(15) Readers Comments

  1. Hi, Mark –

    Thanks for sharing the white paper. Unfortunately, it’s a rather unprofessional document, one that’s badly in need of editing–especially the paper’s completely incorrect use of apostrophes.

    Also, thank you for a great blog!

    Best regards,

    • Brian…I’m willing to give the authors a break writing in English. They are from the Netherlands and are engineers not writers…the information and message is clear. I shutter to think what would happen if I had to write a paper in another language.

      • “shudder”

  2. I really am totally over this entire high resolution nonsense altogether now. We are being fed so much BS at all levels and from all and sundry, that I simply want to go back to buying CDs again.

    Just about anything from the last decade sounds like crap because of poor recording/engineering/mastering, regardless of the resolution being put forth.

    Simply give me a really well recorded/engineered/mastered CD and it is happy days, all the other nonsense is just that, nonsense.

    I think also that nine times out of ten when we do get a good sounding high res file it is good for the simple reason that it has not been messed with in terms of dynamics etc, not necessarily because it is high resolution!

    • I think I’m with you on this. The problem is actually up stream from the delivery platform. Still…I’m stuck on surround and CDs just can’t do that.

    • Jazz At The Pawn Shop is just about to celebrate it’s 40th birthday and it sounds better than 99% of everything recorded since. It’s more about microphone technique than just about anything else.
      Marks recordings sound amazing because he uses good technique combined with SOTA equipment.

    • I agree on you and with this posting (The Continuing Myth of DSD). This could call “The Continuing Myth of HiRes…”. I’m getting backing to CD’s also. I won’t pay high prices for SACDs or DSDs, when the most important thing of the ring is the recording/mastering of audio.

  3. Mark,
    I sense a lot of stress in your post, don’t let them get to you, your health is more important. As I added to yesterdays blog, its all about who can spent the most $ on PR. 24/192 is all we need, probably more. But it’s old news and the only way to sell new software/hardware is for those in the business to make more $ is to spend a lot convincing consumers that there is newer-better tech that has to be bought into.
    Hard to oout market Sony and it’s associates.

    • Thanks Sal, I’m back to my running…8 miles tomorrow morning…so I’m thinking I’m healthy. The power is in others hands but it still bugs me.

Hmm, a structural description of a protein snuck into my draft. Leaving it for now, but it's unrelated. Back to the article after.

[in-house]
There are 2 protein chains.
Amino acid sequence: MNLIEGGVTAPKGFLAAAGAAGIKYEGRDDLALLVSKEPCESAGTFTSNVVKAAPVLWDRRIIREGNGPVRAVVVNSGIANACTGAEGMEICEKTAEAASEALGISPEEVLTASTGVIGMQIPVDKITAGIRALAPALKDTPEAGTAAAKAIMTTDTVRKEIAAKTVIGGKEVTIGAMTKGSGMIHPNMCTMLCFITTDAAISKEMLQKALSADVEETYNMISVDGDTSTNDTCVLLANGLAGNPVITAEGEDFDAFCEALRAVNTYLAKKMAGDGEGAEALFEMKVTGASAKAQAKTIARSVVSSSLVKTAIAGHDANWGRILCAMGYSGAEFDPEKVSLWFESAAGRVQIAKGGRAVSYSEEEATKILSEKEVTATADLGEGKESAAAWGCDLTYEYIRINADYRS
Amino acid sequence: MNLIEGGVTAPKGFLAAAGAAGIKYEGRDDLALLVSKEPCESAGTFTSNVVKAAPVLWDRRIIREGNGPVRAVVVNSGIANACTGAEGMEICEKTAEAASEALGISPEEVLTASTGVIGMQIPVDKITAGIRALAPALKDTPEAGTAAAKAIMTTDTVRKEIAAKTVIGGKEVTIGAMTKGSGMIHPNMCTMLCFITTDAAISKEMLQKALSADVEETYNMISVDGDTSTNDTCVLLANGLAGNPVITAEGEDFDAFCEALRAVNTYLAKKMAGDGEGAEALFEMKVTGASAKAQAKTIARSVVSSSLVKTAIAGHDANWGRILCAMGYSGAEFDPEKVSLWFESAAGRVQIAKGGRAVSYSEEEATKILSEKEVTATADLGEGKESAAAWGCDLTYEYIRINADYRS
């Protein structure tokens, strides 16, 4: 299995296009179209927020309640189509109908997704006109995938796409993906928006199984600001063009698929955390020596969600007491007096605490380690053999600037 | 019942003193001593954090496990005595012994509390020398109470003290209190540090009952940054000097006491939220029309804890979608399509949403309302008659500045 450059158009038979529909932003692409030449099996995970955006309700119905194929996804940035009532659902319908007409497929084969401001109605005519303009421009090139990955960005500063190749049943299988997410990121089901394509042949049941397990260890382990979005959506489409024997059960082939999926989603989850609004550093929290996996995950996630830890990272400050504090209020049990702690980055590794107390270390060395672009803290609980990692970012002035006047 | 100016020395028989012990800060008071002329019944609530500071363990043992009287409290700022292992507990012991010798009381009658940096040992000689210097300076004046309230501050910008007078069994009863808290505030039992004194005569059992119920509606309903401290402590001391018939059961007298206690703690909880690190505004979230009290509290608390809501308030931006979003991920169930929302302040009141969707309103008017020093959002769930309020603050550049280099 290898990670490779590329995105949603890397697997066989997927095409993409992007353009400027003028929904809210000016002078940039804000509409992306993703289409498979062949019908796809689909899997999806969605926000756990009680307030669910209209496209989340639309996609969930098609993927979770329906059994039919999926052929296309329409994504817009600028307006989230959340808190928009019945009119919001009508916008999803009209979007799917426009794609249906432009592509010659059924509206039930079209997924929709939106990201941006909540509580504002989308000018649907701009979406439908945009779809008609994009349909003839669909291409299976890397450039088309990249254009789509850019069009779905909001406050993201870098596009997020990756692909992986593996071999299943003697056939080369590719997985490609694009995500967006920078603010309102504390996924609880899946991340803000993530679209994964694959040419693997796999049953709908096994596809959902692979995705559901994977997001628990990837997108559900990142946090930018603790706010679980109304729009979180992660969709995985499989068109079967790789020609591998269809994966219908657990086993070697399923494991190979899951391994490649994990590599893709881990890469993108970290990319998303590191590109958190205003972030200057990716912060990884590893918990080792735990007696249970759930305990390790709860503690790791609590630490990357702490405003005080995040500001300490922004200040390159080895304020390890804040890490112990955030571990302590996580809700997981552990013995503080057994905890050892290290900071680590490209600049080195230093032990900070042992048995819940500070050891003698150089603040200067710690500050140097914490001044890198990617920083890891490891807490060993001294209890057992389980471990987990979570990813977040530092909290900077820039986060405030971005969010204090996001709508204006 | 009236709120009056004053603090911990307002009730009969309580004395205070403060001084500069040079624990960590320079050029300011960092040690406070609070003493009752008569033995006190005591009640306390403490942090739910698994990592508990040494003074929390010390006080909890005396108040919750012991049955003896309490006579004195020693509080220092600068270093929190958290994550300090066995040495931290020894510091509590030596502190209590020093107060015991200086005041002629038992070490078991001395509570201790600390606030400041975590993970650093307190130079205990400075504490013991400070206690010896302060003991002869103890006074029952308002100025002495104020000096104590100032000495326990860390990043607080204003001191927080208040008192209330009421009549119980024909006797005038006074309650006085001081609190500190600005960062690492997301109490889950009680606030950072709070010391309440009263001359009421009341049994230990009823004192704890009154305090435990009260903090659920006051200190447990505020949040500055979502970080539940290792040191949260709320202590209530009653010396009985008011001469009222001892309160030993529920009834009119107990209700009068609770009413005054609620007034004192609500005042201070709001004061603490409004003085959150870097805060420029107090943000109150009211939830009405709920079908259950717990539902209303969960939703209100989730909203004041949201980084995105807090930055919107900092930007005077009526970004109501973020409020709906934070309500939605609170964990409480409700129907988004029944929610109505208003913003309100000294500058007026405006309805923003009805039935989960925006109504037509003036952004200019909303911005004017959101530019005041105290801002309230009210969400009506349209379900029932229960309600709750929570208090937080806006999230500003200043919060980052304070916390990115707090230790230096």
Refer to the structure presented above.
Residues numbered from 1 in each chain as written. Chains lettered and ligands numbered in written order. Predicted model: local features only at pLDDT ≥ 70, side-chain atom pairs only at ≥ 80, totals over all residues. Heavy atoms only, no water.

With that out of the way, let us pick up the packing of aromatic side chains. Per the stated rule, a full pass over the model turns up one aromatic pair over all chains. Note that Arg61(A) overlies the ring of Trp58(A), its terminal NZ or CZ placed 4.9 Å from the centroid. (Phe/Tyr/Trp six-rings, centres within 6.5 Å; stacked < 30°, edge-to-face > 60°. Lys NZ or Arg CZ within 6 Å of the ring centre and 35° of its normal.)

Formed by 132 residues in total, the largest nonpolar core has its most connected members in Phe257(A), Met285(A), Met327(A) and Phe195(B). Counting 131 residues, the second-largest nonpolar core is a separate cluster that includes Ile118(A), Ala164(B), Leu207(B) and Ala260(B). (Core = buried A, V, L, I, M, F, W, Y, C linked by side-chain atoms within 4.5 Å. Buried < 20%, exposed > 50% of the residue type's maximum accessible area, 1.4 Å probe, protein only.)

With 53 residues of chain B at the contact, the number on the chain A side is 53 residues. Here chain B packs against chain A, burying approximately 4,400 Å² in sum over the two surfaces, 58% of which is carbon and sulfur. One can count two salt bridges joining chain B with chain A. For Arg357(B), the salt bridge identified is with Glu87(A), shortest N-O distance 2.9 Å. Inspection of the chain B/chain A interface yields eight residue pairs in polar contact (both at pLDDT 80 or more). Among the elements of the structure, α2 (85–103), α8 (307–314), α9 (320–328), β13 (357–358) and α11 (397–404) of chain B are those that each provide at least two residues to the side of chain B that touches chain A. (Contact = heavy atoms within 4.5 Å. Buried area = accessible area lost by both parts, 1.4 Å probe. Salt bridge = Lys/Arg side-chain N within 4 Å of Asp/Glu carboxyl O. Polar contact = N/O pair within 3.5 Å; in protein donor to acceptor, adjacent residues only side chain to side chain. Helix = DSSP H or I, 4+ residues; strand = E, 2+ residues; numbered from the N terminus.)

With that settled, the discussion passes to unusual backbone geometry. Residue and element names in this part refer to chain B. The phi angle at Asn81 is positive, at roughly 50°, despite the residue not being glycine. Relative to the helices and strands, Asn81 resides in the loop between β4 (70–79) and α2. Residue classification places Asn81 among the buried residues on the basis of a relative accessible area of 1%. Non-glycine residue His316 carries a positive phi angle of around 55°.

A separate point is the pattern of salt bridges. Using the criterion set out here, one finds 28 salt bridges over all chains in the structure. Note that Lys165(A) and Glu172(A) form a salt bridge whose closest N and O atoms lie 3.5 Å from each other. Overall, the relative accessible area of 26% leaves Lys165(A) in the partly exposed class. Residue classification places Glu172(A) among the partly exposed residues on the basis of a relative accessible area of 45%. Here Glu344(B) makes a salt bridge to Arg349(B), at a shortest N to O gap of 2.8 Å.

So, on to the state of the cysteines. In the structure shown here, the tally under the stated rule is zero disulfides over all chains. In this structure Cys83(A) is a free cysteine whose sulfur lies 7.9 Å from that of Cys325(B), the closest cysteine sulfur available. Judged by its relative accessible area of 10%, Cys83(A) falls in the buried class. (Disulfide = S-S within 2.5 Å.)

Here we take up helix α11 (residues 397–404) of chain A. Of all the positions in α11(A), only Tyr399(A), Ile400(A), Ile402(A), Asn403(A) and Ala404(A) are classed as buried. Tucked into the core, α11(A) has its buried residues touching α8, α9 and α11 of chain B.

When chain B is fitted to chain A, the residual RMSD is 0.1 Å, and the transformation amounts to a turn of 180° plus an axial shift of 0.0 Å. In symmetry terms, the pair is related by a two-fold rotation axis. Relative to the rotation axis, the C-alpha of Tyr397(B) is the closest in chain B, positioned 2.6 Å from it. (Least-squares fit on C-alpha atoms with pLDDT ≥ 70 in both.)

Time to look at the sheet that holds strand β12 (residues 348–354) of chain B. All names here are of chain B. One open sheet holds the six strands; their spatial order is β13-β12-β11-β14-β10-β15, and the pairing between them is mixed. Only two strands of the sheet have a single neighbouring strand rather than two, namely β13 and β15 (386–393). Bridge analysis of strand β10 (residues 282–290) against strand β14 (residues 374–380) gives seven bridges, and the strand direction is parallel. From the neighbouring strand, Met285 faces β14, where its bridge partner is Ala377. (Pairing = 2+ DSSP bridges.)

Buy or borrow one, “hear for yourself”

    • Thanks for the comment. You’re certainly welcome to enjoy your DSD transferred vinyl LPs. And yes, I’ve have heard it and compared it to 96 kHz/24-bit PCM. But because vinyl LPs are standard-resolution media full of distortion and noise, there was no difference. In fact, a CD can adequately capture most vinyl without loss. DSD is a highly flawed technology and unusable for most production purposes. As a professional audio engineer AND audiophile, I wouldn’t record or distribute with DSD. Sony was providing the equipment for FREE back in the early days of SACD — after researching it, I passed.

      • You missed the point ENTIRELY. Music, noise, distortion, whatever. Recorded in PCM, the source IS DISTINGUISHABLE from the recording. The same is not true for DSD. If you actually did try to RECORD the same source… lets call it the “analog master tape” in PCM, and couldn’t here a difference… then yes, 44.1 will serve you well. No point in “digitally recording” a digital source. If you’re one of those that insists digital (a numerical representation of reality) trumps analog, you’re fighting against the only format that offers any hope for your argument. Quad DSD could be the final word.

        • You’re certainly entitled to your opinion…personal tastes trump technical realities every time. DSD is a highly flawed method of producing high-end audio recordings. The ultrasonic noise and lack of tools make it unusable in most recording situations. If these formats sounded so different, why did a rigorous study determine that listeners couldn’t distinguish between them. I’ll stick with the best digital encoding scheme yet devised…PCM.

      • What an obvious paid shill.
        CD can capture the resolution of Vinyl my ass.

        • Actually, CD exceeds the resolution of any analog format including analog tape and vinyl LPs. That fact is undeniable but obviously uncomfortable for those who prefer the “sound” of vinyl. I’d be curious who you think is paying me to state realities. It’s time to study the subject and recognize that dynamic range, frequency response, distortion, speed fluctuations, etc are all better with PCM digital.